BaadAsssss Cinema: A Bold Look At 70's Blaxploitation Films

If you're looking for a primer in the so-called "black exploitation" craze of three decades ago, getting on the bus is made easy by this hour-long historical retrospective, aired last August on the Independent Film Channel. Pegging the start of the movement to the 1971 release of Melvin Van Peebles' X-rated, politically inflammatory and completely seminal "Sweet Sweetback's BaadAsssss Song," the doc follows black action up to its ensuing pinnacle of bankability -- and down into a mid-decade implosion that few of the 13 experts interviewed are able to adequately explain.

But listening to the featured actors, filmmakers and theorists share their memories of the genre is almost as much fun as re-encountering the fly threads, kung-fu moves and string-scratching musical scores of the movies themselves, all of which are exhumed via archival footage. (For a soundtrack party that never stops, pick up the companion CD on Tee Vee Toons.) The energy of the clips pervades a sit-down with avowed disciple Quentin Tarantino, who punctuates his fondest matinee recollections with incessant hand flapping and dorky, hyperenthusiastic chuckles. How whitey can you get?

One-time blaxploitation queen Pam Grier looks back on her box-office reign with typical grace and good humor. But documentarian Isaac Julien has said that the rise and fall of also-ran starlet Gloria Hendry is actually "the subject of the film." Perhaps you had to be on the set: Through a TV screen, Hendry comes across as a minor talent still undeservedly bitter that her moment in the sun didn't blossom into a full-fledged career.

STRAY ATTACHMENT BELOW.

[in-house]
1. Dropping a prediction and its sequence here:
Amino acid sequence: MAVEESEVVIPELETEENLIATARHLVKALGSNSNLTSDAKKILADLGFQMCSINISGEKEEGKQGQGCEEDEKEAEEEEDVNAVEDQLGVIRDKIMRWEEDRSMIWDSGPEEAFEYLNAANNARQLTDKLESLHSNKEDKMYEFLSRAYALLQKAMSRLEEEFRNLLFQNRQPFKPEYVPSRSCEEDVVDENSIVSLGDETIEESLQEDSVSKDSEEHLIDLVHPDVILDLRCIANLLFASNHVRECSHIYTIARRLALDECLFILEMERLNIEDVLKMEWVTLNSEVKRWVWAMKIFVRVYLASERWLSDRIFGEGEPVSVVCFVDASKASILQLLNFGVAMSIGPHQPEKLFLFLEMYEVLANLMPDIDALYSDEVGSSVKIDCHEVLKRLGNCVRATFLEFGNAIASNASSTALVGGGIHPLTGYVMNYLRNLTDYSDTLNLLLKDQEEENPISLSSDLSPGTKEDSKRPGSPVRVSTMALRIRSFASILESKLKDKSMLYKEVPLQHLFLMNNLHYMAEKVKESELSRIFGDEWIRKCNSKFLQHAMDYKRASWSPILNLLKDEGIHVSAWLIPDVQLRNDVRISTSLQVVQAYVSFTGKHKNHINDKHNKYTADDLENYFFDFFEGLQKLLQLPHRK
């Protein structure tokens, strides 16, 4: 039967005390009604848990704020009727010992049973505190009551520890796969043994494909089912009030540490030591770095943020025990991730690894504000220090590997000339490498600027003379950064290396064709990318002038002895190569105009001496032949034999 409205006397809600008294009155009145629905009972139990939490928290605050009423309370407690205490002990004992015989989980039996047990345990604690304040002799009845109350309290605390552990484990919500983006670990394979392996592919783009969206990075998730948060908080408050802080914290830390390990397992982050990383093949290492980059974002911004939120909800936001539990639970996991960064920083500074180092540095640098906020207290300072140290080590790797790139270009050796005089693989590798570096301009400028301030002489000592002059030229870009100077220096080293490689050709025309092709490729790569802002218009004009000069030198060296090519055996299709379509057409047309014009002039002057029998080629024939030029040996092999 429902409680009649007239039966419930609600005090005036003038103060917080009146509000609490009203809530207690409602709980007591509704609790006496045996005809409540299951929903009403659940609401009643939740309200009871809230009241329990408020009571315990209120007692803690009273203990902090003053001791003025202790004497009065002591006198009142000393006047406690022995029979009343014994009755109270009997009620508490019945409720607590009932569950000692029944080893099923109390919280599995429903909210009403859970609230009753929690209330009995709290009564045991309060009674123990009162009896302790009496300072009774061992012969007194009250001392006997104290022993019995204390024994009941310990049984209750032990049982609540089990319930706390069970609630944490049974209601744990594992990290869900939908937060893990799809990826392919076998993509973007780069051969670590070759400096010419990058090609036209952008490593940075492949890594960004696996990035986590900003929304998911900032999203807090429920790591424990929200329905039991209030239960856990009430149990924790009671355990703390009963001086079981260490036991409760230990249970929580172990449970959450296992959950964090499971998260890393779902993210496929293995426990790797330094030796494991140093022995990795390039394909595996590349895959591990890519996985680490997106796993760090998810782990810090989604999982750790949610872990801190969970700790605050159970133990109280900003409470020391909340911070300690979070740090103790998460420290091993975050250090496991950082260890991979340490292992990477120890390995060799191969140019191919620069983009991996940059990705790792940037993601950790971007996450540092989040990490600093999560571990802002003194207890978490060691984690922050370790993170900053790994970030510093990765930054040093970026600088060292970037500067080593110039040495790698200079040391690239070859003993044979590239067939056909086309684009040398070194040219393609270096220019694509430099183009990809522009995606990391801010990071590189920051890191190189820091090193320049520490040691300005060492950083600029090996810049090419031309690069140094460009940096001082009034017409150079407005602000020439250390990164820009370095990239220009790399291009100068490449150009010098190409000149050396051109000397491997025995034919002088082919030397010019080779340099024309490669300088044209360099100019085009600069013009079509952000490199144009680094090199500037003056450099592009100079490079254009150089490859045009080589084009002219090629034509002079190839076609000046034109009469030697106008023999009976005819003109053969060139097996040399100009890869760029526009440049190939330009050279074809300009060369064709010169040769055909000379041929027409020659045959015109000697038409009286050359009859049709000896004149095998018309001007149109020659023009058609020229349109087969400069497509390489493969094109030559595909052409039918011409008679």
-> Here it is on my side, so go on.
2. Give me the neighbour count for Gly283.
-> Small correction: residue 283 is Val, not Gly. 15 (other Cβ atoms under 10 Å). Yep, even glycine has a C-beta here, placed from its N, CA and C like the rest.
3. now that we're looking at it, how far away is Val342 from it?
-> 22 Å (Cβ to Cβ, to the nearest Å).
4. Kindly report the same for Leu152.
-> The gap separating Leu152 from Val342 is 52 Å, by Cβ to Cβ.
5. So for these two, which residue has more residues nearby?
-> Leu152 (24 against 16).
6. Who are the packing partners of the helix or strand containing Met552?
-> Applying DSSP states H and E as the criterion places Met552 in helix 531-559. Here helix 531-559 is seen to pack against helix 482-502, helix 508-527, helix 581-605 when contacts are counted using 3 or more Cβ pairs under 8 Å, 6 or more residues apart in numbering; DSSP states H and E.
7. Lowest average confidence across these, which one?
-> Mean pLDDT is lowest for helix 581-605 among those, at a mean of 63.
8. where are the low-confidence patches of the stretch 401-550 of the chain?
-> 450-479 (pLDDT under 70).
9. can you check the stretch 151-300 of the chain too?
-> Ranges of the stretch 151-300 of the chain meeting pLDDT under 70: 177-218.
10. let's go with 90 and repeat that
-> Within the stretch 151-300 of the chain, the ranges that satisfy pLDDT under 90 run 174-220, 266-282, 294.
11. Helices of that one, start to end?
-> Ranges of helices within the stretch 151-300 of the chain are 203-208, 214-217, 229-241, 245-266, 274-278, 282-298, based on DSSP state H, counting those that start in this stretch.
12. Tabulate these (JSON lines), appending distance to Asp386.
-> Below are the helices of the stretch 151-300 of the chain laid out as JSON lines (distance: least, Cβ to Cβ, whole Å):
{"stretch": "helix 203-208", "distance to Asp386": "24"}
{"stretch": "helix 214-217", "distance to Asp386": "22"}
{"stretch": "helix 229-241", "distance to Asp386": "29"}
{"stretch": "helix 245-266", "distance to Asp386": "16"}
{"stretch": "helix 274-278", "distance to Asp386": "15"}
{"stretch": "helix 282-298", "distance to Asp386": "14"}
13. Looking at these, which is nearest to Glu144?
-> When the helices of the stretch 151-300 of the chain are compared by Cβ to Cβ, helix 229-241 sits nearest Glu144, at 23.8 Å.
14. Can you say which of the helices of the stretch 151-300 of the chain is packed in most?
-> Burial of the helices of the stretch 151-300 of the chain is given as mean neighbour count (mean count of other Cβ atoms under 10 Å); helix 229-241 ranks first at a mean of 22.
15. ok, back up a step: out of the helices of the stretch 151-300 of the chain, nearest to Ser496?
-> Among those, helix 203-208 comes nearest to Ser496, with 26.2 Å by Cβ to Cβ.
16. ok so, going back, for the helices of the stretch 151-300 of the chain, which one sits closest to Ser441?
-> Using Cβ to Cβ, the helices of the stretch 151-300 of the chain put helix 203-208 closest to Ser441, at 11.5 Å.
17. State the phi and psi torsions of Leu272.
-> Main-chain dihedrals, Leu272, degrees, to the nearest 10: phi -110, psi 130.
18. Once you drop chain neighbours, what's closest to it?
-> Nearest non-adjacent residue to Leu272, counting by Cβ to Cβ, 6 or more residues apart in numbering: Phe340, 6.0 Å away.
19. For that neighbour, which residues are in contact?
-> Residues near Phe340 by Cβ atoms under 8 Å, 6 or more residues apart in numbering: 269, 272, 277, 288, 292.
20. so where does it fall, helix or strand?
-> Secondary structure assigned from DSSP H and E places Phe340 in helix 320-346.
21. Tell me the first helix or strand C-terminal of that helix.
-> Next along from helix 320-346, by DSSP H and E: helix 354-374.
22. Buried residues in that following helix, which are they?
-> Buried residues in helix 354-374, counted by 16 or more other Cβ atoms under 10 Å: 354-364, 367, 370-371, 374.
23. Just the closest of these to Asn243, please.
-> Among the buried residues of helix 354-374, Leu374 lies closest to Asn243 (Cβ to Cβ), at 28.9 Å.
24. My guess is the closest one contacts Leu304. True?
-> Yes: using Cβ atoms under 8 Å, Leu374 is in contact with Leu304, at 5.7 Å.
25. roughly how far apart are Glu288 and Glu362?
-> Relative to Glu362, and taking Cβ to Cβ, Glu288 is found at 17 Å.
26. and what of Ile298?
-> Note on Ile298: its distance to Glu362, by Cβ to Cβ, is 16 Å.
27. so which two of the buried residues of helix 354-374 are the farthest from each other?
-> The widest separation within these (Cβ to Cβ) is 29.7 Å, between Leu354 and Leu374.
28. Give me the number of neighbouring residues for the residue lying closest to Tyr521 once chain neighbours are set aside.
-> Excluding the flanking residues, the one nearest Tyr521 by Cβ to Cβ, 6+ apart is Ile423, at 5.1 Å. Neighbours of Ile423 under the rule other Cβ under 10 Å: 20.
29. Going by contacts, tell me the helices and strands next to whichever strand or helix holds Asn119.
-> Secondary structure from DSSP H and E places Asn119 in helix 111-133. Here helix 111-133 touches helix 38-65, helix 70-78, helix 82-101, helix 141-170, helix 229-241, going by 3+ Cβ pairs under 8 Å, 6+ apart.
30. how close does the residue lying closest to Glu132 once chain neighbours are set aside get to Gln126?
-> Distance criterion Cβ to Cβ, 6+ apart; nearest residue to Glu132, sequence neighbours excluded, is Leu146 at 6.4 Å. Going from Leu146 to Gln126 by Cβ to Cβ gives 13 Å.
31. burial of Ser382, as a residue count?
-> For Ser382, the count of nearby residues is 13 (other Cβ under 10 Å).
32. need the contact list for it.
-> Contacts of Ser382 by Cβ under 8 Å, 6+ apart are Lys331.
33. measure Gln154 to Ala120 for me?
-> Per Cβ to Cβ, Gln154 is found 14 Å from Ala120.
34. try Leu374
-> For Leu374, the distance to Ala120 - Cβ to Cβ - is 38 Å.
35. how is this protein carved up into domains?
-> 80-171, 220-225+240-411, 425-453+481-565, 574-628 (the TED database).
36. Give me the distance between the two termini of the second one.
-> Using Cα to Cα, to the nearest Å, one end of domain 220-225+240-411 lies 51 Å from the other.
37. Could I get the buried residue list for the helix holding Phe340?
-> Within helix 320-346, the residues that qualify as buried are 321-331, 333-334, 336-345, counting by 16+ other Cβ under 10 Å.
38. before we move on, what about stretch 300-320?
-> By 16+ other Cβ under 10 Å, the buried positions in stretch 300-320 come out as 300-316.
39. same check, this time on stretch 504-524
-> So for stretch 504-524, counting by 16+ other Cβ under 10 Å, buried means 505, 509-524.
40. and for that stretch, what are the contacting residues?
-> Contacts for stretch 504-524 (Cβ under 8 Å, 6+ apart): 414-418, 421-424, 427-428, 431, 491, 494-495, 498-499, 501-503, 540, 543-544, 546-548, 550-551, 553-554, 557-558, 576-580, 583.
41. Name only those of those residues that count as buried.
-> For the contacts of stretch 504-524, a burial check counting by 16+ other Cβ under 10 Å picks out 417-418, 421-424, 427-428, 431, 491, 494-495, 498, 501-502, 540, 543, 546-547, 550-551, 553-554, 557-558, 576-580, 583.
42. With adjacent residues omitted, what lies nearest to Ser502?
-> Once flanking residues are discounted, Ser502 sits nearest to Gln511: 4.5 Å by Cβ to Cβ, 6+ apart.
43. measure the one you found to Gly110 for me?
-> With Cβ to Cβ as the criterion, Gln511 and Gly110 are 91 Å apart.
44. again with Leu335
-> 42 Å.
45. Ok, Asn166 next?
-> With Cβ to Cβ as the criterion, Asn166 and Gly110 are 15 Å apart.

Extended versions of some of the interview segments are included as DVD extras. Viewed in their entirety, they variously amplify or belabor the points made in "BaadAsssss." They're also unavoidably static, reminding you how well the movie is served by its drop-ins of period flavor.

This isn't the last word on blaxploitation, by any means. And a few times, its warts-and-all willingness to entertain the most common criticisms of the form -- that is, gratuitous violence and misogyny -- verges on self-punishment. So who do you call when the deconstructive doo-doo starts to get too deep? "Shaft!" Samuel L. Jackson, an audience member turned action hero, professes unrepentant affection for the best and worst the era had to offer. As he notes, the overdue arrival of genuine black heroes more than mitigated the films' frequently questionable values or the preponderance of white folk controlling the purse strings.

Of all the ways to read black action cinema, Jackson's purposeful innocence works best. Sometimes, a razor blade hidden in an Afro is just a razor blade hidden in an Afro -- with all the potential for wonder that entails.

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